‘The 12/12 is the most sustainable option,’ Lyndi explained.
‘It basically means not eating breakfast as soon as you wake up, but instead waiting until around 9am, then making sure you finish eating by 8pm each night.’
The dietitian advocates that whatever you do, you listen to your body.
‘I definitely believe that breakfast is the most important meal of the day, but if you’re not hungry for breakfast when you wake up, there’s no need to eat it straightaway.
‘Some people can naturally create their own little fast periods, whereby they eat when they’re hungry and refrain when they’re not.
‘I don’t eat first thing in the morning. Instead, I have my first meal at 10am, finishing eating around 8pm. Therefore, I do have a naturally-created fast window without even having to think about it.’
‘As well as being unsustainable, intermittent fasting can also lead you to feeling faint, tired, light-headed and moody,’ Lyndi said
What are the major drawbacks to intermittent fasting?
For Lyndi, there are many drawbacks to intermittent fasting, as well as the often-lauded benefits.
‘As well as being unsustainable, intermittent fasting can also lead you to feeling faint, tired, light-headed and moody,’ Lyndi said.
‘Not only this, but it can mess with your relationship with food, and it encourages you to count your calories which isn’t always advisable.’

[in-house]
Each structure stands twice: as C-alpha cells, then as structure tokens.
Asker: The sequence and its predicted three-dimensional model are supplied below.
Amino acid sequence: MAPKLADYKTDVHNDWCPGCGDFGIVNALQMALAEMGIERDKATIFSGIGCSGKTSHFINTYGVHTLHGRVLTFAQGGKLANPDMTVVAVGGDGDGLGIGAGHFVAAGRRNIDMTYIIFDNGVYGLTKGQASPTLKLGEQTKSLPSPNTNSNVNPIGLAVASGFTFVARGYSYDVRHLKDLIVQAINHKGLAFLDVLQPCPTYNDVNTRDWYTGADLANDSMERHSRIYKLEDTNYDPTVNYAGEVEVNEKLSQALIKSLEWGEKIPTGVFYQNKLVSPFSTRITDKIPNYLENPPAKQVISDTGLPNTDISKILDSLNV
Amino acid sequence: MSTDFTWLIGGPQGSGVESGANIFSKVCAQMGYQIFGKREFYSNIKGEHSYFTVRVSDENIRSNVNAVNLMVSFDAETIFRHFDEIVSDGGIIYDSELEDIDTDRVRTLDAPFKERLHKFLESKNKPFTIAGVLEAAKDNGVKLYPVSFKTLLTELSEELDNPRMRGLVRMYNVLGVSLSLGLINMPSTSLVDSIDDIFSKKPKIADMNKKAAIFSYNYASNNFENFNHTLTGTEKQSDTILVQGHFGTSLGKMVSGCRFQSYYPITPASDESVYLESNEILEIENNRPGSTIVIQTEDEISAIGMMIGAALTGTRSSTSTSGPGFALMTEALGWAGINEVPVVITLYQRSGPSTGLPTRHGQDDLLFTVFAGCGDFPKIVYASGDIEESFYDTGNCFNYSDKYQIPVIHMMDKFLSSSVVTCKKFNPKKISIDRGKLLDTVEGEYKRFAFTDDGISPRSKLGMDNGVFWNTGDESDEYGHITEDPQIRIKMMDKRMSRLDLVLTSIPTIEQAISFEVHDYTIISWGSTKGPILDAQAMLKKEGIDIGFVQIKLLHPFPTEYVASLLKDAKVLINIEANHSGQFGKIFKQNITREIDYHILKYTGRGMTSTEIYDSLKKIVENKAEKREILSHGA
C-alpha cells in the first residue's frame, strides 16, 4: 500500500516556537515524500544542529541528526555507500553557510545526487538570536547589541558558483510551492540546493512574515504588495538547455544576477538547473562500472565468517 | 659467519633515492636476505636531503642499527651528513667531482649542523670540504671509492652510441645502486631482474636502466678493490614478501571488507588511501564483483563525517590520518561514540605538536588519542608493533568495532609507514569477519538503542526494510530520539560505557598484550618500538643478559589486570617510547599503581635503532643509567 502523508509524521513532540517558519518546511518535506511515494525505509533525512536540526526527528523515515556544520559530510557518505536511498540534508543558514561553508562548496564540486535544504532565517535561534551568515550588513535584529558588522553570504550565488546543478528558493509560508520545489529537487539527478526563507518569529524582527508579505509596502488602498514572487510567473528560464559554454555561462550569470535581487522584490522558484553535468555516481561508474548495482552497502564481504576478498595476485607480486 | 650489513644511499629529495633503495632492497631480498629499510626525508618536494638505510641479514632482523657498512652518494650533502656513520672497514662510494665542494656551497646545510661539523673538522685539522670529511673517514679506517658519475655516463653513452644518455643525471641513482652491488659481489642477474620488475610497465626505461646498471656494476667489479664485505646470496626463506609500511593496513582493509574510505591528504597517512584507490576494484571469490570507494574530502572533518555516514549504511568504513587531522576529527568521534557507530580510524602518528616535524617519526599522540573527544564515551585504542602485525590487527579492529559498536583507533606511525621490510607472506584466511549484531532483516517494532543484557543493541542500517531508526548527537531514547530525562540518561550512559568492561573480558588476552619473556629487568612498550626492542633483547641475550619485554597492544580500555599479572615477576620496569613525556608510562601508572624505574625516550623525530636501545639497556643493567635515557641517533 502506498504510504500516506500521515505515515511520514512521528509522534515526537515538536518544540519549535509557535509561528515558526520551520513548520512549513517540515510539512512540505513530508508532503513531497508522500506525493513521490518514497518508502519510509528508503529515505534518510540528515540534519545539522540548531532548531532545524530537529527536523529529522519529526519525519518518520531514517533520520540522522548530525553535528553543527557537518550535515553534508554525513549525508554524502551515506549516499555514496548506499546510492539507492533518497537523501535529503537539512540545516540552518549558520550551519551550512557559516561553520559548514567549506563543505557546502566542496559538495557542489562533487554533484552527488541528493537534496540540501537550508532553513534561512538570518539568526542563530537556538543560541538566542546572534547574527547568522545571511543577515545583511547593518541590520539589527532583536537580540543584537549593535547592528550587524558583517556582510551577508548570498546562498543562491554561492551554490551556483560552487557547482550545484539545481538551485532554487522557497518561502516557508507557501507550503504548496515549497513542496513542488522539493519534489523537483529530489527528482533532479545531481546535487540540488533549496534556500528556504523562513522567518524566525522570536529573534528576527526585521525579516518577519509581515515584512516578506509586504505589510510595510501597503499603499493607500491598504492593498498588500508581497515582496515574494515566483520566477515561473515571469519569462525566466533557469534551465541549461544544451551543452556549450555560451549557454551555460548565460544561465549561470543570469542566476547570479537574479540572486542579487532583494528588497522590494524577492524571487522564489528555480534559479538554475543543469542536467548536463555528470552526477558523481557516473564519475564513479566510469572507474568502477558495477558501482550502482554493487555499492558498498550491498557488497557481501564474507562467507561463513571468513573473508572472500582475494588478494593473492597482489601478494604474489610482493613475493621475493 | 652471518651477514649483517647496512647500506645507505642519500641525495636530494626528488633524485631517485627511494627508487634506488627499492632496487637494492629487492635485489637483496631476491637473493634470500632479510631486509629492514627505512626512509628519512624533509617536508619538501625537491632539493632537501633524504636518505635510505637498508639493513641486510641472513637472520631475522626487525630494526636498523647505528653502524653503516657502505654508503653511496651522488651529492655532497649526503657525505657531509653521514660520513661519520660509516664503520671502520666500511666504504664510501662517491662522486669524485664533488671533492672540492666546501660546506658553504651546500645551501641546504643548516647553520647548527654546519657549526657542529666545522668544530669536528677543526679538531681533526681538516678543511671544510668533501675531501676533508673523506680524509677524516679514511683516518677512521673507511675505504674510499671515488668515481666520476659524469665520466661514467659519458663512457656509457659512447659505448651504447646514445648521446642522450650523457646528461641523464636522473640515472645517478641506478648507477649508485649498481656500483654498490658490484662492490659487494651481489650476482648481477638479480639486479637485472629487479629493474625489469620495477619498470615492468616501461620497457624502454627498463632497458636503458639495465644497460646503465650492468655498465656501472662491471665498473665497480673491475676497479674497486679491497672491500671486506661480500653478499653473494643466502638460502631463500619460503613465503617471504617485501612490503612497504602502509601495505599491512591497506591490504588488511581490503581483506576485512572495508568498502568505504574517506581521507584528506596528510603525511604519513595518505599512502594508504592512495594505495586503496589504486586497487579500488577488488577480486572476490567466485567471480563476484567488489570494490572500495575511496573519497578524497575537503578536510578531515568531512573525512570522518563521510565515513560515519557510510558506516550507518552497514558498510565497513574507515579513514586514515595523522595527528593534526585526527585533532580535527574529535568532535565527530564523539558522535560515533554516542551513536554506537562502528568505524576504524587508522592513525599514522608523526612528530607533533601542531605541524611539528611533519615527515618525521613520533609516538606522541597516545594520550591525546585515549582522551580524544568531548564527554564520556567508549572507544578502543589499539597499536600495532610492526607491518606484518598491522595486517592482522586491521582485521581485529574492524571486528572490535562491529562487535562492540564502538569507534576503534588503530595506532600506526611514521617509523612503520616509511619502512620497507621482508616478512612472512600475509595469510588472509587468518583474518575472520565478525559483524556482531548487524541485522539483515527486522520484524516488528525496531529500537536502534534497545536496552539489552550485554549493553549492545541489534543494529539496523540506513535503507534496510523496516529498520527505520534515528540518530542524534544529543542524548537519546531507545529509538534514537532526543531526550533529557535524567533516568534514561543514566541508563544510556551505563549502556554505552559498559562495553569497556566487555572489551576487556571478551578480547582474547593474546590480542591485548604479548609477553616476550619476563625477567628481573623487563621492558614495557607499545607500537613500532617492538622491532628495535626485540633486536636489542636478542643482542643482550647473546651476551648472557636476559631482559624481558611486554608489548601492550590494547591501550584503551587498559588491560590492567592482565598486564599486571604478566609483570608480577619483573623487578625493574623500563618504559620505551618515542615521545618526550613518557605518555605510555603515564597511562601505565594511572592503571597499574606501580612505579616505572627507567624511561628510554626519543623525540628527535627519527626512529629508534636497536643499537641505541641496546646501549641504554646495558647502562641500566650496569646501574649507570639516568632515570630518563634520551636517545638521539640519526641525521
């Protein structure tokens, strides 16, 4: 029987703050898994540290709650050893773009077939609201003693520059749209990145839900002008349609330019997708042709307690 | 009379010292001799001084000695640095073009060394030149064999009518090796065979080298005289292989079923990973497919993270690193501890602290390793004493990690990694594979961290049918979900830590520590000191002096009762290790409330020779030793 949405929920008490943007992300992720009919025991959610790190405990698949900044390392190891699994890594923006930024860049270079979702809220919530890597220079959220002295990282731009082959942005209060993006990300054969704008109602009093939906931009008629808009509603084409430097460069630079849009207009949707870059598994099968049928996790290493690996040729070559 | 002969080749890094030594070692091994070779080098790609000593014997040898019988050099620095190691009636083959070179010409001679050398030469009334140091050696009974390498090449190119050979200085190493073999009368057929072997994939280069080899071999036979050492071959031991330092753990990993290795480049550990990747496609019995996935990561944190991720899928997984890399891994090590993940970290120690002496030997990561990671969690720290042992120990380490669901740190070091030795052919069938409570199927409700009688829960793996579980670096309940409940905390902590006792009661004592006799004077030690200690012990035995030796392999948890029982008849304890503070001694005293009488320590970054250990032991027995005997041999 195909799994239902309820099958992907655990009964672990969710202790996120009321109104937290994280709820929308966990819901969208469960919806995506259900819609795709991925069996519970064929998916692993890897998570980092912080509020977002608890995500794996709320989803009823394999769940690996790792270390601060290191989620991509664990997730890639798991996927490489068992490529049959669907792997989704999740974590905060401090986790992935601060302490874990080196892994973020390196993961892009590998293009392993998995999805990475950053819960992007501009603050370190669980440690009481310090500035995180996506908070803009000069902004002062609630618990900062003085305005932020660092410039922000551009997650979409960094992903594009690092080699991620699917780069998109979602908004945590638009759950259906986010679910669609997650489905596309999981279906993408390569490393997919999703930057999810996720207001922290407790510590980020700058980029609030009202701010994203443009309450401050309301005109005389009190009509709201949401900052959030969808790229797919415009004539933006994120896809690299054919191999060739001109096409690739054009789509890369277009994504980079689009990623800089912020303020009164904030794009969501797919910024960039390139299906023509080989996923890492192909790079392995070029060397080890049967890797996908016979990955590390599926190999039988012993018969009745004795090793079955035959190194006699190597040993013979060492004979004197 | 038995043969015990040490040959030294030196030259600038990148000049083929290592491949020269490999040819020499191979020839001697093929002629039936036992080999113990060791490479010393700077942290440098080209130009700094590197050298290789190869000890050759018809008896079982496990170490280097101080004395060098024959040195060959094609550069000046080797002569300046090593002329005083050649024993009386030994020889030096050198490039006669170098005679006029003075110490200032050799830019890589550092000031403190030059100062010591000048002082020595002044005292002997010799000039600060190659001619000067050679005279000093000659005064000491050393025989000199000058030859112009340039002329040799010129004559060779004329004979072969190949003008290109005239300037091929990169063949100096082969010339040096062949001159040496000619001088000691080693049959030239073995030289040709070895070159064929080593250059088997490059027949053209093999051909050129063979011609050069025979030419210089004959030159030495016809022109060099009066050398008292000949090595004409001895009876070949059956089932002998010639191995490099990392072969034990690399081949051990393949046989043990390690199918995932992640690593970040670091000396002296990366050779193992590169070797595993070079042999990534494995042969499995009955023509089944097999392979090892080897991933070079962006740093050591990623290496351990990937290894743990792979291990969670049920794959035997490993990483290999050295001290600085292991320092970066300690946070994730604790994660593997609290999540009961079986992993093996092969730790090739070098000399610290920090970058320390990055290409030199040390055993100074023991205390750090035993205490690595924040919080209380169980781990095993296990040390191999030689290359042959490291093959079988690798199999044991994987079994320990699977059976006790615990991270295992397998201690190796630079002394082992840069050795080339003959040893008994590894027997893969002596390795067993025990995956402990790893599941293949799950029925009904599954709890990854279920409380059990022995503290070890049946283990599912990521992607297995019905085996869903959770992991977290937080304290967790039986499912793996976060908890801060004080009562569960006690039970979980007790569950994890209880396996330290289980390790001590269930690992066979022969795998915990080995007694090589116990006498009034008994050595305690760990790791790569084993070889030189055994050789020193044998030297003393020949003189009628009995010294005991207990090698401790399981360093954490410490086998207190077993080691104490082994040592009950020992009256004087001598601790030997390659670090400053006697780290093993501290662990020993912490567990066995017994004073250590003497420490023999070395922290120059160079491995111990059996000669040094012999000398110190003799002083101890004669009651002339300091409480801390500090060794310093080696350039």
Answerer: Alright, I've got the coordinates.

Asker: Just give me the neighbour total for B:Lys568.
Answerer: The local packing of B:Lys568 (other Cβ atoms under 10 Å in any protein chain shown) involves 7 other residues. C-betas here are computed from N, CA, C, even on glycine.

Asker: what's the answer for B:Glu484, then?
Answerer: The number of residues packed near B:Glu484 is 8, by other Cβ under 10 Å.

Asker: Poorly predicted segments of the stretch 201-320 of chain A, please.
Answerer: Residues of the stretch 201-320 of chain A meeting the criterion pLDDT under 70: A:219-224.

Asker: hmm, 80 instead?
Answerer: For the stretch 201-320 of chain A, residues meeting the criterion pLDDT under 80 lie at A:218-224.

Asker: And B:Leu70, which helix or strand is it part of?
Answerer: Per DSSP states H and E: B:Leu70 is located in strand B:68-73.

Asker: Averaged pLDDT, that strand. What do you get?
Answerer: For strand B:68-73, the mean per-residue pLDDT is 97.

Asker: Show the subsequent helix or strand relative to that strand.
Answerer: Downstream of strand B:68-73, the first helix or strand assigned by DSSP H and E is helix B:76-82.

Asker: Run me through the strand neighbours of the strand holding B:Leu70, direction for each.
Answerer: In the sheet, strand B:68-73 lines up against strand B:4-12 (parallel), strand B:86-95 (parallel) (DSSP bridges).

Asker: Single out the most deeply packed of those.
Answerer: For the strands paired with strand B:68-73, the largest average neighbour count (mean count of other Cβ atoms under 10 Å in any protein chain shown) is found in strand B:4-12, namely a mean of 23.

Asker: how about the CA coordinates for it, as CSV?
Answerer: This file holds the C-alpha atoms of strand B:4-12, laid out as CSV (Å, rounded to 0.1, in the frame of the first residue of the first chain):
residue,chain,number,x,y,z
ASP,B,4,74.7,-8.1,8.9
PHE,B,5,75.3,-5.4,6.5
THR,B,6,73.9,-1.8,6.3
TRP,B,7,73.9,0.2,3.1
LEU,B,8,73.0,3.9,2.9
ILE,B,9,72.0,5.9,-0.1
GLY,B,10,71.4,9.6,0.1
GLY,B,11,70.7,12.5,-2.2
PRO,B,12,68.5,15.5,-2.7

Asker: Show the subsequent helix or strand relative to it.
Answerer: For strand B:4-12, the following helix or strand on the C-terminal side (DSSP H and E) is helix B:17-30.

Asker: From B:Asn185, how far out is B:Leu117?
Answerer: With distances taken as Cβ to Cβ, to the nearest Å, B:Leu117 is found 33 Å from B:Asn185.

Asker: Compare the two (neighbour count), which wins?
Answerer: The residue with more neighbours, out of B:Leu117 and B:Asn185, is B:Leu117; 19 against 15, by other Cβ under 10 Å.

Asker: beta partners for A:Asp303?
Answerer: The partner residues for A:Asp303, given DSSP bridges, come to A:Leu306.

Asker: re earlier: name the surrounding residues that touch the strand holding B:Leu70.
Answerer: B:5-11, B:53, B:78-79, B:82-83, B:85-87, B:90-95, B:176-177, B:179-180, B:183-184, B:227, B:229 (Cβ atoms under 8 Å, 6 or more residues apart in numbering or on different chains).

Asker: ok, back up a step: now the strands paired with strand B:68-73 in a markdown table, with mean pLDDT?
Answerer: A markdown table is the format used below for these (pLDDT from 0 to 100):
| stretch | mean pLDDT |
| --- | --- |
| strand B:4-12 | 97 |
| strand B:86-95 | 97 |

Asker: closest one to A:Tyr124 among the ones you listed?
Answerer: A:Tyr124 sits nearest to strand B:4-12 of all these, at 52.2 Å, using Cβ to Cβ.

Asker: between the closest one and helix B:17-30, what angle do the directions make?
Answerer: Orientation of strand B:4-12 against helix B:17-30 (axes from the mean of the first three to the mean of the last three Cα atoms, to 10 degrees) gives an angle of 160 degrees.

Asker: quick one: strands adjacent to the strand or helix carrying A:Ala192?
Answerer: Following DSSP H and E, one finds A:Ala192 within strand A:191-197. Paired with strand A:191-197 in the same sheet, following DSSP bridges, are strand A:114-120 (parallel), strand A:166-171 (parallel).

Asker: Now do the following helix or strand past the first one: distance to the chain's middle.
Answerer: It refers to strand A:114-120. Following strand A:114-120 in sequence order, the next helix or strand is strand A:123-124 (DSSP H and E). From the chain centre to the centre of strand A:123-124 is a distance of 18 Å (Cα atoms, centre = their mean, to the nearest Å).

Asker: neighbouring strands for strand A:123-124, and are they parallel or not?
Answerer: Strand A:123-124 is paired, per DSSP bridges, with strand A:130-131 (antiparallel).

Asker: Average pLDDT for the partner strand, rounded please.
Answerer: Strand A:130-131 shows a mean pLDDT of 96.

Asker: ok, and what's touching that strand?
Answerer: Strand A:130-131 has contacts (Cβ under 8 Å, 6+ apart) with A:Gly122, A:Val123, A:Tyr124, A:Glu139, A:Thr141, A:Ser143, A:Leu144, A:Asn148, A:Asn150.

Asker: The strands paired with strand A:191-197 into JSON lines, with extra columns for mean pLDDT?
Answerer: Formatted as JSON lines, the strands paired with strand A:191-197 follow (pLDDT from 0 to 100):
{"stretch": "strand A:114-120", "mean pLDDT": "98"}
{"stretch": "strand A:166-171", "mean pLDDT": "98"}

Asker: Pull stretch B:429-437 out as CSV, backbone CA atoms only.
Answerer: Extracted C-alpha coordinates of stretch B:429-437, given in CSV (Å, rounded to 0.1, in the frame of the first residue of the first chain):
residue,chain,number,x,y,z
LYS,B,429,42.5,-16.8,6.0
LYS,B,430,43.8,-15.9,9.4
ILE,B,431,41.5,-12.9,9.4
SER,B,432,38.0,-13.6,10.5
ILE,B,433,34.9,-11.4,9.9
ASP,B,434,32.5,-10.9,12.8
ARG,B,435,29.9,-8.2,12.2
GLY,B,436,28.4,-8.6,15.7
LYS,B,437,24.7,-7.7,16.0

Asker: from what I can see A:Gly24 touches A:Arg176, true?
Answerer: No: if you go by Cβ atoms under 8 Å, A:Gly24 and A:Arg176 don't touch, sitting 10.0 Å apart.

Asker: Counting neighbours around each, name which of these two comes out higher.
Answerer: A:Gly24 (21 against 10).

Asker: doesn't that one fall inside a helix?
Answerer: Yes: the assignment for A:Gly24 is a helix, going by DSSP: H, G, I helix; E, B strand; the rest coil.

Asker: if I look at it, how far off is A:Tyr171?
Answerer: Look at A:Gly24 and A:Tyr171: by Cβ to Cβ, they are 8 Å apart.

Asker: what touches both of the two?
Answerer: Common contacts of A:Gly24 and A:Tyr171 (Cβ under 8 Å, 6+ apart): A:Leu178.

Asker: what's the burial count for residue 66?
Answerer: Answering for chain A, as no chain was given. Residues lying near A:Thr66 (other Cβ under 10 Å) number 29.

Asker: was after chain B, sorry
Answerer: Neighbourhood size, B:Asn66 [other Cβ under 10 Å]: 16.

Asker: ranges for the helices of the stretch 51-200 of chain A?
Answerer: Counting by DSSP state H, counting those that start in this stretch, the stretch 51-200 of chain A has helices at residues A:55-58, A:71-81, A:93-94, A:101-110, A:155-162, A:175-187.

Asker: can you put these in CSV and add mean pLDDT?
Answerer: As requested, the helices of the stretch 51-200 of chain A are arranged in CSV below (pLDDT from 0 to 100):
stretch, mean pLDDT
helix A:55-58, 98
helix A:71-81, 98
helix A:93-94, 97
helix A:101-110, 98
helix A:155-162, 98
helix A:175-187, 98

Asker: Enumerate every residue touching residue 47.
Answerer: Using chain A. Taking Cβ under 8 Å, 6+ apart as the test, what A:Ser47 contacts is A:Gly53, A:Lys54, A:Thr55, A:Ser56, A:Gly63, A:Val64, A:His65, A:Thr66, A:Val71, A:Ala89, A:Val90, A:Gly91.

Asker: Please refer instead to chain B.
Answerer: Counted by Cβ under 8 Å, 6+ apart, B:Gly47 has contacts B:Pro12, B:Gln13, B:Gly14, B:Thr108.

For Lyndi, ‘healthy eating is often imperfect’. ‘A sacrifice of intensity for consistency is always a better idea.’
While she acknowledges that there are many benefits, she instead recommends you ‘crowd’ your diet out with fruit and vegetables – meaning you fill yourself up and don’t crave unhealthy foods.
Lyndi (pictured) recommended you think about your fast as putting your body into ‘semi starvation mode’ – therefore, you can’t drink coffee or energy drinks while fasting
Will having a coffee ruin your fasting period?
Lots of people wonder what actually constitutes a fast. For instance, can you have a cup of coffee while technically ‘fasting’ or will this stimulate your body too much?
‘If you’re someone who has milk or sugar in your coffee, then yes it’s probably not conducive to intermittent fasting,’ Lyndi said.
‘However, a black coffee without anything added to it might just be okay.’
She recommended you think about your fast as putting your body into ‘semi starvation mode’.
Anything that breaks that will likely have an impact.
What are the main mistakes people make with intermittent fasting?
Even if you think you’re ready to go and fast, there are still plenty of mistakes you might struggle with.
‘The main thing you need to remember is that just because you’re fasting, you still need to eat healthily,’ Lyndi said.
‘Lots of people lose weight on this diet without eating nutritiously, which isn’t really the secret to good health.’
Another mistake you might fall victim to is fasting too often or ‘going oo hard’.
‘The problem with rapid weight loss is that your preferences and lifestyle can’t keep up with your weight loss,’ Lyndi said.
‘The benefits of losing it slowly means your lifestyle has a chance to catch up.’